File Systems are a hairy topic, on Windows you should be using NTFS (the days of FAT are long gone!) but on Linux, BSD and *Solaris we still have a wide variety to pick and choose depending on our needs. I’ve always been a JFS and XFS fan (previously ReiserFS) until Btrfs goes mainstream (which is one thing to hangout for in Linux Kernel 2.6.29!) and often I’d have a mixture of all three. Our main server at home – affectionately dubbed Zeus, after our lovable Australian Customs puppy Zeus, uses XFS, JFS and Ext3.
JFS to manage the home directories and core file system, ReiserFS for the temp folder and XFS for the heavy file shares – which span multiple terrabytes of files over a LVM (with each file being 1-2Gb in size). The reasoning behind opting for XFS over another file system for the file server was that XFS performs incredibly well under heavy load and scales well when you know the files are big (over 500Mb). Overall I’ve always felt that XFS does provide consistent performance and scalabilty in comparison to the others – but you may think otherwise.
Unfortunately, XFS – whilst quite an excellent file system for managing large files, it seems, suffers from fragmentation over time (especially true if you use your file system for DVR – eg, a Myth backend host) or if the disk gets close to filling up. Luckily there are two utilities that XFS has to manage this fragmentation.
xfs_db– XFS Debug Information
Used to examine an XFS filesystem for problems or gather information about the XFS file system.
xfs_fsr– File System Organiser
Improves the organisation of mounted file systems. The reorganisation algorithm operates on one file at a time, compacting or otherwise improving the layout of the file extents (contiguous blocks of file data).
In Debian/Ubuntu (and derivatives) these two utilities are found in the package
xfsdump. Using these two utilities we can workout the health of the file system (
<a href="http://linux.die.net/man/8/xfs_db">xfs_db</a>) and hopefully tune/optimise it (
xfs_fsr). I took the plunge last night and optimised Zeus’s main file storage partition:
Filesystem Size Used Avail Use% Mounted on /dev/sdf7 40G 3.5G 37G 9% / varrun 1014M 4.5M 1010M 1% /var/run varlock 1014M 8.0K 1014M 1% /var/lock udev 1014M 112K 1014M 1% /dev devshm 1014M 0 1014M 0% /dev/shm lrm 1014M 34M 980M 4% /lib/modules/2.6.22-15-generic/volatile /dev/sdf6 1023M 38M 986M 4% /boot /dev/sdf10 235G 173G 63G 74% /home /dev/sdf9 10G 544K 10G 1% /opt /dev/sdf8 10G 2.7G 7.4G 27% /var /dev/mapper/Storage 2.3T 1.9T 408G 83% /media/LVM/Storage /dev/sde1 466G 396G 71G 85% /media/Backups
As you can see, the LVM “Storage” mount has just under 20% free space and the non-LVM partition for “Backups” has 15% free space. Both these are XFS volumes, to find the health of the two use the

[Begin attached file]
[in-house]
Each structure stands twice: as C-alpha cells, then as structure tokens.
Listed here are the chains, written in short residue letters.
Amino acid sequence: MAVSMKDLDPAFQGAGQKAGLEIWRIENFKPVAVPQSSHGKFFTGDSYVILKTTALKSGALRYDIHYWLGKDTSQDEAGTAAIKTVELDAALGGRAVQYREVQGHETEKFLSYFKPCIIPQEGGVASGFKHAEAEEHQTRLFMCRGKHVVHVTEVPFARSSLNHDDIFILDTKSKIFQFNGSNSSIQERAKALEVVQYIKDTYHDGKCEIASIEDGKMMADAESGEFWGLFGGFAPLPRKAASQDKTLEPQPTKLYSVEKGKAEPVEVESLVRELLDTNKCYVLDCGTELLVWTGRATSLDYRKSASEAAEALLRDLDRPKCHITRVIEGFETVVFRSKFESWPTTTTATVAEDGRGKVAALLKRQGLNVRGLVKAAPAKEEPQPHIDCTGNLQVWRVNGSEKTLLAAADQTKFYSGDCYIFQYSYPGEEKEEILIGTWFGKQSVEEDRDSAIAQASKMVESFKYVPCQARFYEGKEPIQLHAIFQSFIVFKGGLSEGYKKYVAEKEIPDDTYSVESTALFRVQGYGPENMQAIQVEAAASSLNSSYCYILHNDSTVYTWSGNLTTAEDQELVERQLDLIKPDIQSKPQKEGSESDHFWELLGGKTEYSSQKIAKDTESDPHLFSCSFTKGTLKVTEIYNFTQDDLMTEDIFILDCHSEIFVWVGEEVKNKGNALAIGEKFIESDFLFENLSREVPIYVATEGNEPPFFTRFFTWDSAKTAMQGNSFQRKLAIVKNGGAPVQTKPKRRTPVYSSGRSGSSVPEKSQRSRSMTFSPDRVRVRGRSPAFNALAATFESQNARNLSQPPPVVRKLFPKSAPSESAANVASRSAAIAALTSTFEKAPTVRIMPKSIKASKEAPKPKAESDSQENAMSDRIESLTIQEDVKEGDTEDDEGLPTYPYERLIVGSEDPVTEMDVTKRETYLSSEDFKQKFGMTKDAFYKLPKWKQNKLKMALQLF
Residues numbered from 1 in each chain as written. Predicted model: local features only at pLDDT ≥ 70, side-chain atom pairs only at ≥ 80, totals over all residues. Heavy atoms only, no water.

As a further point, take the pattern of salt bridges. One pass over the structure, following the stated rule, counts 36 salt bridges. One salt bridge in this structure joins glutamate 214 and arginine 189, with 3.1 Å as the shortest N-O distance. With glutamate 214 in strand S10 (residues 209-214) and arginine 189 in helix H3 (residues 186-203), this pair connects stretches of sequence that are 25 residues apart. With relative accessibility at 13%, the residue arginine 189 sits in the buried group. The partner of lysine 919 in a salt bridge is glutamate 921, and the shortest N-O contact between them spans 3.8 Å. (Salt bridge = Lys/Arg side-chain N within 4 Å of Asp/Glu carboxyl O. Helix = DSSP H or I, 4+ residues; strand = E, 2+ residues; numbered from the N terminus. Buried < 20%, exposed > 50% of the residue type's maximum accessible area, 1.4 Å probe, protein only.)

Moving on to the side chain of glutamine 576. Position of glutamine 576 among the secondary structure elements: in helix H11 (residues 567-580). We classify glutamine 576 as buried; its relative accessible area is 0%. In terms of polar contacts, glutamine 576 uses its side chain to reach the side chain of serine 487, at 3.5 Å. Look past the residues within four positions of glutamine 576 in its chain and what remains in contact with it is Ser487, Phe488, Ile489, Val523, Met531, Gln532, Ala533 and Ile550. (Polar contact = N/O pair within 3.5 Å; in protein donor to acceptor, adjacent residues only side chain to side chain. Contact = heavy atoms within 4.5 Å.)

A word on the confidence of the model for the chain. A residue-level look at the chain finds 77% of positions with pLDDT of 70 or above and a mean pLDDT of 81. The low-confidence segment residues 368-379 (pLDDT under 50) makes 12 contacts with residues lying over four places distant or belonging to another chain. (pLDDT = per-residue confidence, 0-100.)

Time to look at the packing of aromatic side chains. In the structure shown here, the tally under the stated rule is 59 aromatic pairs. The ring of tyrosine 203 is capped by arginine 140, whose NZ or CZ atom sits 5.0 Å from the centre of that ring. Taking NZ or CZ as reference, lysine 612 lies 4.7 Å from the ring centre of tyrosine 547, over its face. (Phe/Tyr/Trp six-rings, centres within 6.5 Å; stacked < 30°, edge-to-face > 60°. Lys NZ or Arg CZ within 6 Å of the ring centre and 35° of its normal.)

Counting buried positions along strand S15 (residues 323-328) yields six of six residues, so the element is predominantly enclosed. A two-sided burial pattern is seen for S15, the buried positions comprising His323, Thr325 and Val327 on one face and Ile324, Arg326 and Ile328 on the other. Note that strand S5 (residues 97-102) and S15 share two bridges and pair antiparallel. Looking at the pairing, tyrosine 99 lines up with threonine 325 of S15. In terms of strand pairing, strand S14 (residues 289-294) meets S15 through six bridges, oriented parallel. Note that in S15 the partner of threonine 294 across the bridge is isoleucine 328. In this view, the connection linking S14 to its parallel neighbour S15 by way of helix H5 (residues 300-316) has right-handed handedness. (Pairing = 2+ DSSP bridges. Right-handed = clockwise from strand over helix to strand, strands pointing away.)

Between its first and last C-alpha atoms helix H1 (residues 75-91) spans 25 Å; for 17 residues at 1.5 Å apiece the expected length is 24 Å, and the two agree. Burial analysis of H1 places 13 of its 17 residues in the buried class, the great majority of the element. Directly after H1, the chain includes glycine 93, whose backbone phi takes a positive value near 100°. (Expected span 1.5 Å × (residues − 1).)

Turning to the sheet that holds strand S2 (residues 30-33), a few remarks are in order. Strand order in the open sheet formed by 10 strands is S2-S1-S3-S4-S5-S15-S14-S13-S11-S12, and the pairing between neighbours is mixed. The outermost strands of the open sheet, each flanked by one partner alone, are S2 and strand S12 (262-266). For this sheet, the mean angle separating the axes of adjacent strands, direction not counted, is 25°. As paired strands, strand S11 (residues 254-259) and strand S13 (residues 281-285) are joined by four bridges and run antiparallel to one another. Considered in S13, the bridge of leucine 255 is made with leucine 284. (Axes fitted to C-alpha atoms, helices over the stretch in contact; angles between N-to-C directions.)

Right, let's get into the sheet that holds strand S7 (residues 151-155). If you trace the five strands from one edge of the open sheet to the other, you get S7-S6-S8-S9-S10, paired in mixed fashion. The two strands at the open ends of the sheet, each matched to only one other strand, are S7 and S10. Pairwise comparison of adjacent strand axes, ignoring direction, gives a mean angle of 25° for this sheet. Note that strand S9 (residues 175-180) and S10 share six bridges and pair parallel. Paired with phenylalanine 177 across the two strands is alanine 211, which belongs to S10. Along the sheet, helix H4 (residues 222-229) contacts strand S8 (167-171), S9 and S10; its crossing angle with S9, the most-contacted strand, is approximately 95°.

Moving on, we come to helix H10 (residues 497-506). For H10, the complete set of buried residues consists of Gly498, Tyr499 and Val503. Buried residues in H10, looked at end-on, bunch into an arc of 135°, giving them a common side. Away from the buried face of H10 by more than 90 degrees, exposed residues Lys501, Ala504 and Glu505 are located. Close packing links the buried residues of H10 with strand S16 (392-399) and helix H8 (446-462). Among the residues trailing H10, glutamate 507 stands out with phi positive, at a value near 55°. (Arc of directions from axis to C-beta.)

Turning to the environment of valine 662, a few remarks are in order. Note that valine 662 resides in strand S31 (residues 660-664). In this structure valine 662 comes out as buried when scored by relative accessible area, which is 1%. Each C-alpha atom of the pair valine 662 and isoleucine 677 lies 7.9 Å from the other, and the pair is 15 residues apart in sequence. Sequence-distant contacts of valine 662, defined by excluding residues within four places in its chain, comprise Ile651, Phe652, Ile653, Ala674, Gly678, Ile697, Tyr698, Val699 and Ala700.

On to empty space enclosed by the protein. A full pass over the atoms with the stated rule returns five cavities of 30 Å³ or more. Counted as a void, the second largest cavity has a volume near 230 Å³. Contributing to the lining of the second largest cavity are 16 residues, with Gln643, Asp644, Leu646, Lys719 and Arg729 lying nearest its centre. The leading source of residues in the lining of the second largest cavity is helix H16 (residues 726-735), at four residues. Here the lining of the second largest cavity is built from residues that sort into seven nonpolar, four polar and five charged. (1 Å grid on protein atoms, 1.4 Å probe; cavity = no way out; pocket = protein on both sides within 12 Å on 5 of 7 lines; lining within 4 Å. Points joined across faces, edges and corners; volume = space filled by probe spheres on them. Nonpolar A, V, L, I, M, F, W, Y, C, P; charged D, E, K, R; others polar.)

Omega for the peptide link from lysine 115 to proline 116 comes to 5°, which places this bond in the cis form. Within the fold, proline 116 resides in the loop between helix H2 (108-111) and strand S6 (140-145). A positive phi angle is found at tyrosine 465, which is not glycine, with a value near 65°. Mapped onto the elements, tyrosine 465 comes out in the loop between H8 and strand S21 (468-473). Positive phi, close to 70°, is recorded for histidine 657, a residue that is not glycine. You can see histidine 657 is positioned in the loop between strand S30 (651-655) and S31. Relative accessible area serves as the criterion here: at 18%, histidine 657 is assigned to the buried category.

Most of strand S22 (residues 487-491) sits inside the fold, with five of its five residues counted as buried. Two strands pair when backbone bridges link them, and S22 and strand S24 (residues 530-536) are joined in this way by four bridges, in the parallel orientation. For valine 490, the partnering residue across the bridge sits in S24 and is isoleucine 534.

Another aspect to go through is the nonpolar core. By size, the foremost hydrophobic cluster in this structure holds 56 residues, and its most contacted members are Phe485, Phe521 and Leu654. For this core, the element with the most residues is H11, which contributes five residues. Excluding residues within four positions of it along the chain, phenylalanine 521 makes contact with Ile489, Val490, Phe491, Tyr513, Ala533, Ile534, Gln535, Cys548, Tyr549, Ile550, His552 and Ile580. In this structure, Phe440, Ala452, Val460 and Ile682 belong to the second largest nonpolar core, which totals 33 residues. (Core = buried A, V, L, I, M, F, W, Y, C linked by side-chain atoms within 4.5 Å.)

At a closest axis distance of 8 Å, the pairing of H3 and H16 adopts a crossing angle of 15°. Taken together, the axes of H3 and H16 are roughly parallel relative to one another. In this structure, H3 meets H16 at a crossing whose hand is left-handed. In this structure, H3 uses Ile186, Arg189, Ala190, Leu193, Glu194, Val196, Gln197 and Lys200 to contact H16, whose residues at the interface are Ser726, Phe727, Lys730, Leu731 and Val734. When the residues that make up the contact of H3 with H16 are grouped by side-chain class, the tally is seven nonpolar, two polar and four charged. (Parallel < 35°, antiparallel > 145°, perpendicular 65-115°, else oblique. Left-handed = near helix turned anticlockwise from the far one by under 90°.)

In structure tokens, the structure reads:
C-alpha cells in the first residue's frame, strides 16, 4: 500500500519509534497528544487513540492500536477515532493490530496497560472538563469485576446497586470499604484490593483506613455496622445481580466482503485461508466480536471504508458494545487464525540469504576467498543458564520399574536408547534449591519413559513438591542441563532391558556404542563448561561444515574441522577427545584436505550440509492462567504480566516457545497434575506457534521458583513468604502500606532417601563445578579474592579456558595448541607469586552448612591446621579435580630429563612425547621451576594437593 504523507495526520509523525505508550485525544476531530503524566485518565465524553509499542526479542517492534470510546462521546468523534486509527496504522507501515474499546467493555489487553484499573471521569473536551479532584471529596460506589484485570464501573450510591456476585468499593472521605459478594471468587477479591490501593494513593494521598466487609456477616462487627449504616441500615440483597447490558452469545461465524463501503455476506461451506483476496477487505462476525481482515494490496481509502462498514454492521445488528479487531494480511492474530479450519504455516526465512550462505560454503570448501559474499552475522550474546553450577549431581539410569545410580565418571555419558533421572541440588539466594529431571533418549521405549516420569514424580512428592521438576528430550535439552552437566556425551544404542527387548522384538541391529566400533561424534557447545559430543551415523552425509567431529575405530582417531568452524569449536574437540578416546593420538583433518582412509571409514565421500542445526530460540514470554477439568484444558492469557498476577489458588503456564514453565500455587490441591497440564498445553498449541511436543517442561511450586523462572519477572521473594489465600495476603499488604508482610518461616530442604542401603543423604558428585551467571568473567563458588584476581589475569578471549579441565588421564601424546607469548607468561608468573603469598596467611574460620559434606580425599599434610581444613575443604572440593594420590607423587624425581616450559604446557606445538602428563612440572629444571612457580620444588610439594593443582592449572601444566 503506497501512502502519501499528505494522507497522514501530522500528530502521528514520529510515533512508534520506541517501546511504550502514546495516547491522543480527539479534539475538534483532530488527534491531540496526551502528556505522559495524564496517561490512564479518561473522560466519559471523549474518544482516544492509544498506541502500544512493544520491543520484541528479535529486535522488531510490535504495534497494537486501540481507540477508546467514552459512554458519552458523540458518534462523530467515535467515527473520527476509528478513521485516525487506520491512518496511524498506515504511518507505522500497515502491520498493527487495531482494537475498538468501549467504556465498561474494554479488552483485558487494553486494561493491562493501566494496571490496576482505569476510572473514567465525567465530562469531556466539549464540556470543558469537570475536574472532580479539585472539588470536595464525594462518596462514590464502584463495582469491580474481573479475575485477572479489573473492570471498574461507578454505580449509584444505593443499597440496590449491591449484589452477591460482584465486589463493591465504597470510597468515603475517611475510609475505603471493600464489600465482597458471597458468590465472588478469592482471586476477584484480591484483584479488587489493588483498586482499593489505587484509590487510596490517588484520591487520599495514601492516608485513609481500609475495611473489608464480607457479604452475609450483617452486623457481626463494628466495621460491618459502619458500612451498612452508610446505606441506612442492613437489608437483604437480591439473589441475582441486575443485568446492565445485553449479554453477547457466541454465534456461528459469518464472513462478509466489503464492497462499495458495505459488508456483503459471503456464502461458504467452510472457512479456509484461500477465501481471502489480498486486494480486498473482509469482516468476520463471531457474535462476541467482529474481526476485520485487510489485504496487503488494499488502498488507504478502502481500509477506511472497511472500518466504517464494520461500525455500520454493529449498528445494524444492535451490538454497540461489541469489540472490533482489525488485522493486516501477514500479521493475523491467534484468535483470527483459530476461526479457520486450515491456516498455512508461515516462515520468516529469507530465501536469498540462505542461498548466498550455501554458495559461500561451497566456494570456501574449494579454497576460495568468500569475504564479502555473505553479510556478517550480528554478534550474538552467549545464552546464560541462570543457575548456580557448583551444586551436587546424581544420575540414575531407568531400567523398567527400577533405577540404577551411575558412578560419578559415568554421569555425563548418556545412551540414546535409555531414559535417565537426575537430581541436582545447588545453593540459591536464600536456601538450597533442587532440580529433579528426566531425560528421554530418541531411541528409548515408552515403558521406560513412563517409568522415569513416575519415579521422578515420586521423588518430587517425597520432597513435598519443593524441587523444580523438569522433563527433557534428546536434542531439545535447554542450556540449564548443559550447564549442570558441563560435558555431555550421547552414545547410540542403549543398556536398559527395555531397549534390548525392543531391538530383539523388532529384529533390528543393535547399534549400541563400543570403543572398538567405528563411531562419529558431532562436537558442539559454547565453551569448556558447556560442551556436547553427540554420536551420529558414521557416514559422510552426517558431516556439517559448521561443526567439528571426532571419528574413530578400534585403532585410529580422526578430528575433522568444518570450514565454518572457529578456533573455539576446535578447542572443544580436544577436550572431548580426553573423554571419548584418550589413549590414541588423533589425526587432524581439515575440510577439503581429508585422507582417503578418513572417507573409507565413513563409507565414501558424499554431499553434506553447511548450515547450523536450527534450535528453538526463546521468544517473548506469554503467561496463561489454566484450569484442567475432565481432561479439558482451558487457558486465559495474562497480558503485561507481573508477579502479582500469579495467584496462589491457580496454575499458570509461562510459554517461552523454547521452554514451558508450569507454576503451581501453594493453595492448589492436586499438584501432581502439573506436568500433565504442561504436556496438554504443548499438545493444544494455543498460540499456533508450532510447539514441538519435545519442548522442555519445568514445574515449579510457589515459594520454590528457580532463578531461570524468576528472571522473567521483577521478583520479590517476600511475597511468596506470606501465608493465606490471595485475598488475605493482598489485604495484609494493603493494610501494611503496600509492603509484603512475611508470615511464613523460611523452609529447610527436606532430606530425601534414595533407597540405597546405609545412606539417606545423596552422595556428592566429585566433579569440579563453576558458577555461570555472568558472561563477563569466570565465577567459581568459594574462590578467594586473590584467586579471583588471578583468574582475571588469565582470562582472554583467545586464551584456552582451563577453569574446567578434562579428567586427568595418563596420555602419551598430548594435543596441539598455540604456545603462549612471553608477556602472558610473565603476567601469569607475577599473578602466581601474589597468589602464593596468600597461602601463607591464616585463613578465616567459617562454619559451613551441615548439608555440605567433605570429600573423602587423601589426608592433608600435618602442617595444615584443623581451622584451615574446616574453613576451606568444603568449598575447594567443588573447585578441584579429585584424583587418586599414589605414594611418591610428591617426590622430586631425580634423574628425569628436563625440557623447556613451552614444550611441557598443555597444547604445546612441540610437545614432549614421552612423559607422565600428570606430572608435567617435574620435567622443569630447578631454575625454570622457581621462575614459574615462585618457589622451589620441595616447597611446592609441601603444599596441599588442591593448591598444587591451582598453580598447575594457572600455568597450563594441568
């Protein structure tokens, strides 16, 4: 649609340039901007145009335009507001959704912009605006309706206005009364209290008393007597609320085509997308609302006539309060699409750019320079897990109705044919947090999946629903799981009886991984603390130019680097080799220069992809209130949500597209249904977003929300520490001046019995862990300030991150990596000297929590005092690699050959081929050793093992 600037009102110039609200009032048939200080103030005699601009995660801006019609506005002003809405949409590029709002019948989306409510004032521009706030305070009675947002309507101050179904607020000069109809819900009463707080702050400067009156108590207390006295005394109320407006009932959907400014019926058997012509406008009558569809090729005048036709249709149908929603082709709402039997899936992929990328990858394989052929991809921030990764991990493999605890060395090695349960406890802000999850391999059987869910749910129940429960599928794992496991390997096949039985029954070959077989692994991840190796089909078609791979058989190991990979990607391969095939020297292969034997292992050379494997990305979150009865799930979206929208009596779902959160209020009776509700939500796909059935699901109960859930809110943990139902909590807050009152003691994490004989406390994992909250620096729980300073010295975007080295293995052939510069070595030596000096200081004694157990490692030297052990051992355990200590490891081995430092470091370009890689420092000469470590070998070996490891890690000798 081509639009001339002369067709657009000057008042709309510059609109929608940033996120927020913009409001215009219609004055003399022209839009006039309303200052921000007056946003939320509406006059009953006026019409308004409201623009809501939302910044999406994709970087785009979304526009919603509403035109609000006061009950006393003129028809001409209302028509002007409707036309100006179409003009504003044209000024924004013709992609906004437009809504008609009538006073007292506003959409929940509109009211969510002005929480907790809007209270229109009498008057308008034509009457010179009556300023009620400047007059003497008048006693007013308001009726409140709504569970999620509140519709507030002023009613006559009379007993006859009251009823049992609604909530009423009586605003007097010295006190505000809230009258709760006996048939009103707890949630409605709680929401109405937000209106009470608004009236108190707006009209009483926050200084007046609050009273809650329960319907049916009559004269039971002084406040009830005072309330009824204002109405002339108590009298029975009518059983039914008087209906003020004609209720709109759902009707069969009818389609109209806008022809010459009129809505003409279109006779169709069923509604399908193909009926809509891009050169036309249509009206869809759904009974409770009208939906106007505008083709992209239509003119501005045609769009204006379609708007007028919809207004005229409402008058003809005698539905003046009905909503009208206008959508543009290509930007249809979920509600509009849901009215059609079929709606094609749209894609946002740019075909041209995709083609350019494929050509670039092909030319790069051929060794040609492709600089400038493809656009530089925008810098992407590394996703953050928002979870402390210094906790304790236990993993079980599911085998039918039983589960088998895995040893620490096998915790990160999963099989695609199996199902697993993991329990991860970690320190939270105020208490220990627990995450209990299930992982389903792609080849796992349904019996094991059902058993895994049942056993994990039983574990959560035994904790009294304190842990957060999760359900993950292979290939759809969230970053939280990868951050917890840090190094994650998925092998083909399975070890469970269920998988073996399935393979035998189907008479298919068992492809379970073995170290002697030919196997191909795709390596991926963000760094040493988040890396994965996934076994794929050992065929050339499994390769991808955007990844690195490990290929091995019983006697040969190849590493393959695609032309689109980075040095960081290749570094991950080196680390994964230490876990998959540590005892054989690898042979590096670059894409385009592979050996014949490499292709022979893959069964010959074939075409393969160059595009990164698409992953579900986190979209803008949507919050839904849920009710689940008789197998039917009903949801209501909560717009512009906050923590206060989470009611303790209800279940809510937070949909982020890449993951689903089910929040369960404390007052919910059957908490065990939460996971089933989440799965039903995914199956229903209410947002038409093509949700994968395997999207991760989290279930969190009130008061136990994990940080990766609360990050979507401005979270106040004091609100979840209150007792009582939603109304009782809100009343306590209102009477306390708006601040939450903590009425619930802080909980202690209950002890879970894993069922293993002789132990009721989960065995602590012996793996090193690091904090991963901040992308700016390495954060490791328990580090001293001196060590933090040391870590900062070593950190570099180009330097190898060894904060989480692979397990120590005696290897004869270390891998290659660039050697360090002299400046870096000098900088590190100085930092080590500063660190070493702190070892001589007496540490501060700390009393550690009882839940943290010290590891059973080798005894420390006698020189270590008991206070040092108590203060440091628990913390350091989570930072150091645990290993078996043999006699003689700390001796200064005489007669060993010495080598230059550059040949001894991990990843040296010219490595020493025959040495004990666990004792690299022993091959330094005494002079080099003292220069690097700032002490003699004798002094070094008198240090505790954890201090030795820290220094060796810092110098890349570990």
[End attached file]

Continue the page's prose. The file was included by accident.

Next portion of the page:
xfs_db command to gather some information.
sudo xfs_db -c frag -r /dev/mapper/Storage sudo xfs_db -c frag -r /dev/sde1
Here we’re asking
xfs_db to open the file system in a readonly mode (
-r) passing in a command (
-c)� to get the file fragementation data (
frag) for the device (
/dev/*). When we use the
frag command, it returns information only pertaining to the file data in the filesystem as opposed to the fragmentation of freespace (which we can guage with passing the
freesp command). The output of the commands appear below for Zeus.
sudo xfs_db -c frag -r /dev/sde1 actual 189356, ideal 148090, fragmentation factor 21.79%
sudo xfs_db -c frag -r /dev/mapper/Storage actual 406056, ideal 21584, fragmentation factor 94.68%
Wow! The LVM partition (which spans 4 drives) has around 95% fragementation! Yikes!!! The parition has quite a few Virtual Machine images, various large files (DV Captures etc). The “Backup” (
sde1) on the other hand isnt as badly fragmented.
So right now we’ve found our problem and its time to fix it. First thing to do – and realise that we can fix this on a live running system – is to try and find a time where the partition will be used very little (like overnight) so you let its do its thing without unnecessary burden. Then lets make use of the File System Organiser utility (
xfs_fsr) and ask it to reorganise our parition to the best of its ability.
sudo xfs_fsr -t 25200 /dev/mapper/Storage -v sudo xfs_fsr -t 25200 /dev/sde1 -v
Now this is much simpler, the
xfs_fsr utility is being told to reorganise
/dev/* with a timeout (
-t) of 7hrs� (60 * 60 * 7 =
25200) which is specified in seconds. Because I like to see how much is done I also specified the verbose output option (
-v). Let it do its thing and hopefully when you return you will have the last bit of output showing the extents before, how many after and the inode, something like this:
extents before:5 after:1 DONE ino=4209066103 ino=4209066107 extents before:5 after:1 DONE ino=4209066107 ino=4209066101 extents before:4 after:1 DONE ino=4209066101 ino=4209066091 extents before:3 after:1 DONE ino=4209066091 ino=4209066093 extents before:3 after:1 DONE ino=4209066093 ino=4209066105 extents before:2 after:1 DONE ino=4209066105 ino=4209066143 extents before:27 after:1 DONE ino=4209066143
Now its time to go back and check how well the file system reorganising was:
sudo xfs_db -c frag -r /dev/mapper/Storage
And the results?
sudo xfs_db -c frag -r /dev/mapper/Storage actual 21652, ideal 21584, fragmentation factor 0.31%
Lovely! What a difference and you’ll notice the improvement immediately if you start moving or transfering files around.
Ideally, you may want to setup a cron task to let this process run (maybe with a lower timeout) overnight or when theres low-load. Whats great about the
xfs_fsr utility is that its smart enough to remember where it finished up last time and continue from there. Its a shame Ubuntu doesnt do this already.